When you are moving abroad, it’s common to sell your house and use the money to buy a new one. Some people choose to move abroad temporarily for work or study, and it’s those who want to rent out their house for others to enjoy while they do that. Even when you do decide to move abroad permanently you might want to keep hold of your home and rent it out to use as a second income. There are a lot of factors to take into consideration before you make this decision, though.
If you have tenants to move into the house before you leave, you can contact someone to get an idea of your tax implications for moving and enjoy the extra income. Things are a little different if your house is standing empty before you move, and there are plenty of factors to consider if you do decide to rent out your house after you’ve moved. So, with this in mind, here are some of the things that you need to take into consideration.
- Managing The House. When you move abroad, everything from the cost to the timezones can make it difficult to manage a house, which is why you need a property management company to do it for you. Not only will you get the help you need to manage your tenants, but you will be able to trust that your property is being looked after. You have a choice whether you use a professional company or you ask a family member to do it all for you, but you should think about the costs and your budget. It’s nice to know that you have tenants who have somewhere to ask when there is a problem, and it’s even better to know that you have a professional on your side when it comes to your budget and the management of the property in general. Interview several before you choose, though – you want to ensure that you can trust the person you leave in charge of your house.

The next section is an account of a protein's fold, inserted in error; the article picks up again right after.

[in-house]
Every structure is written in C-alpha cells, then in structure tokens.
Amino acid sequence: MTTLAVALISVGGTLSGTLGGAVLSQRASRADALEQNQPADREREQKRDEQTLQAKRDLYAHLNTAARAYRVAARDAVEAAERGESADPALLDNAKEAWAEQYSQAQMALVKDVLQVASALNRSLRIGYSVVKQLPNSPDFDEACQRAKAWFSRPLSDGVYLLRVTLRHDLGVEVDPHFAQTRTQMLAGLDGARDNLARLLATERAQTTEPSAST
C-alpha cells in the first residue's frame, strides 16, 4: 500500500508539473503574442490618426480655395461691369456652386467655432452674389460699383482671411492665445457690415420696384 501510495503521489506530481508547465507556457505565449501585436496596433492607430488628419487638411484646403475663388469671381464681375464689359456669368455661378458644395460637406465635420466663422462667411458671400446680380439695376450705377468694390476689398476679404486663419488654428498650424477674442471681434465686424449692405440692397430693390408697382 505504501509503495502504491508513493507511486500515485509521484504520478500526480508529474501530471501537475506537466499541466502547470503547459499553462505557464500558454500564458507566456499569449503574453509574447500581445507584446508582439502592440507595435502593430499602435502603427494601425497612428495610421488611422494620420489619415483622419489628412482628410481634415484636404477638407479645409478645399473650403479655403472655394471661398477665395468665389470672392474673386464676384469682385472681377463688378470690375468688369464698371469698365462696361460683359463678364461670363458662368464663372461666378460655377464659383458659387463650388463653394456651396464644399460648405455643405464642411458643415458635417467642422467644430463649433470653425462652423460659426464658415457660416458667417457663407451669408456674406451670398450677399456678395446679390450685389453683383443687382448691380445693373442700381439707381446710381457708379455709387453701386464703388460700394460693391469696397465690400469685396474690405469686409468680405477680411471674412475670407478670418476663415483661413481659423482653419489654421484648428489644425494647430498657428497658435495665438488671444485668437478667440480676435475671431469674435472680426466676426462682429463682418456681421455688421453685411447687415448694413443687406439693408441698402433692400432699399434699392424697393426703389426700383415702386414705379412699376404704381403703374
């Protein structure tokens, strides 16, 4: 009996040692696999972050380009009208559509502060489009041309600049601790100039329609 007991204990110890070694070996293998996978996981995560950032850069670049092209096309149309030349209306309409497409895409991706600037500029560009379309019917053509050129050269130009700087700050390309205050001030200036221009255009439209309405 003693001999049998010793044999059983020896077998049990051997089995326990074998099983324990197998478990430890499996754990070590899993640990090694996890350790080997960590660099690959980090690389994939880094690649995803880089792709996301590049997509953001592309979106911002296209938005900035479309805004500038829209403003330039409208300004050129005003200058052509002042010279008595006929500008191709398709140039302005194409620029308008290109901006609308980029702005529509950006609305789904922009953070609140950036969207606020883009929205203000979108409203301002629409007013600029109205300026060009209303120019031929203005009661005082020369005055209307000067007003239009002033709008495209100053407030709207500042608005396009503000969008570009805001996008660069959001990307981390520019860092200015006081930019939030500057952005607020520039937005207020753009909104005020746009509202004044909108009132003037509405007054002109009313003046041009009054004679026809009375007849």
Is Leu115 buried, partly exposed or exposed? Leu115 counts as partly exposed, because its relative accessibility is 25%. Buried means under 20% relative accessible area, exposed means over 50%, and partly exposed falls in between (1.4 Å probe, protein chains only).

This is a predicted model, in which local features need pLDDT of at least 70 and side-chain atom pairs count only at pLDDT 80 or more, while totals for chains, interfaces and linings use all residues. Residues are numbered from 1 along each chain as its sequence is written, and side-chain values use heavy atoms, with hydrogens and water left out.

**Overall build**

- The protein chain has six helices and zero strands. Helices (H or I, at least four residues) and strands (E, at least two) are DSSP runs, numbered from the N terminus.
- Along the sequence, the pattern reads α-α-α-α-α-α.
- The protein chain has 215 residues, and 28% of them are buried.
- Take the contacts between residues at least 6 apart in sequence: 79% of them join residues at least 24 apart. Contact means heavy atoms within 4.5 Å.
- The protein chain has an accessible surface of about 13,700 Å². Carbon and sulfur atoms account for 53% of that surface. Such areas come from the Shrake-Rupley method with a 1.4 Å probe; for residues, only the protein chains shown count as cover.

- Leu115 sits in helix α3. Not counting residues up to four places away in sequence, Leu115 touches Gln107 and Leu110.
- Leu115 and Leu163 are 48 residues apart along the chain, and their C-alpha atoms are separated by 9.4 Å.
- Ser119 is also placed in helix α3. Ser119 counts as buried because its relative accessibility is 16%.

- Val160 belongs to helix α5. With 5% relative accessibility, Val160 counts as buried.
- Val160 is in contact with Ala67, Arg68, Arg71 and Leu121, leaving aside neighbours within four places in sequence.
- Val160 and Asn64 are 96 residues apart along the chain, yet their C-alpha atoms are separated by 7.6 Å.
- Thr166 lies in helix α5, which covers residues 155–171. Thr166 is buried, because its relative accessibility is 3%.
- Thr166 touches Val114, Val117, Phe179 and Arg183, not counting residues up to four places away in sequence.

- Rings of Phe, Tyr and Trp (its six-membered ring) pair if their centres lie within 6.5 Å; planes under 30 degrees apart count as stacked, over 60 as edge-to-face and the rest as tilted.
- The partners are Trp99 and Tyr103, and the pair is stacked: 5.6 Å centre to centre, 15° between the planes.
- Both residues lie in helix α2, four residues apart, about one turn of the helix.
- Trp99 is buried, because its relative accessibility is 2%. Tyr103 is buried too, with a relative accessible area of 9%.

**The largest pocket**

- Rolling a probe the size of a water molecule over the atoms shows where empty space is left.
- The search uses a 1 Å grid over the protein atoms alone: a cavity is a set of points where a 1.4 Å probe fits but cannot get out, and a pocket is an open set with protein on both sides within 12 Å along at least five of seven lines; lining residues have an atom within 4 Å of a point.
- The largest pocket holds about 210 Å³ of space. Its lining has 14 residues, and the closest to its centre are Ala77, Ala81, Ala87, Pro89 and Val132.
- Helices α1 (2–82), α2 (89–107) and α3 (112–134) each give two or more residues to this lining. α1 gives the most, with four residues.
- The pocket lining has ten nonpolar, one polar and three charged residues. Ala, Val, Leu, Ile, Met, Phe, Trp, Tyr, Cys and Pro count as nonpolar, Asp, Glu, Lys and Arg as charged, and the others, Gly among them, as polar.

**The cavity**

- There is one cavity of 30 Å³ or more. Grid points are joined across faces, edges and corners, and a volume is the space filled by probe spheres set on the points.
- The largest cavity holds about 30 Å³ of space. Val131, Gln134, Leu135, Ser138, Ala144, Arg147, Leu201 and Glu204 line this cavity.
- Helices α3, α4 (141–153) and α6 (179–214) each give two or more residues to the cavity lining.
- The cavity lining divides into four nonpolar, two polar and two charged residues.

- Taxes. As we mentioned, you should check your taxes for the country you’re in. If your rental income is high, you may be liable to pay tax on it and the best thing that you can do is find out whether you should be paying extra tax on top of the country you are in. There are some places that have tax agreements with other countries, so check with your local government as to whether you should be paying taxes in your country and the place you’ve moved to on your rental income.
- Residence Status. Did you know that your tax residence status has to be considered when you are renting your home while living abroad? There are very strict rules about how much time you’re allowed to spend in the UK when you are a non-resident now. You may not live in your home country, but that doesn’t mean that you’re a non-resident so you have to check so that you are allowed to come back and forth as you please.
- Creating An Income. When you take the time to go abroad, you have to make sure that your rental income will cover all of your expenses. The money you pay a property management company, the money to cover house insurance, any mortgages still on the property, and the management of the boiler, etc, all have to be considered in what you charge for rent. You should also ensure that you include the tax that you may have to pay on the property to make it easier. It’s up to you to research the average cost of rent in the local area, too, as this will matter when it comes to what you charge for rent. The worst thing that you could do is end up making a loss on this place, and if you won’t get enough coverage for everything, it may be worth selling up.
- The Mortgage. Among everything else to consider, you must know how to manage your mortgage. Contacting your mortgage provider to tell them you are moving abroad for a while is important, and this should be the first thing that you do because if you don’t meet the requirements of your mortgage, you could end up with a repossessed house. It’s important not to breach this if you want to keep your home and it’s why you should check first.
If you do decide to sell your house, you should make sure that you use the appropriate channels and advertise properly – doing it while you’re in the country is easier, too!
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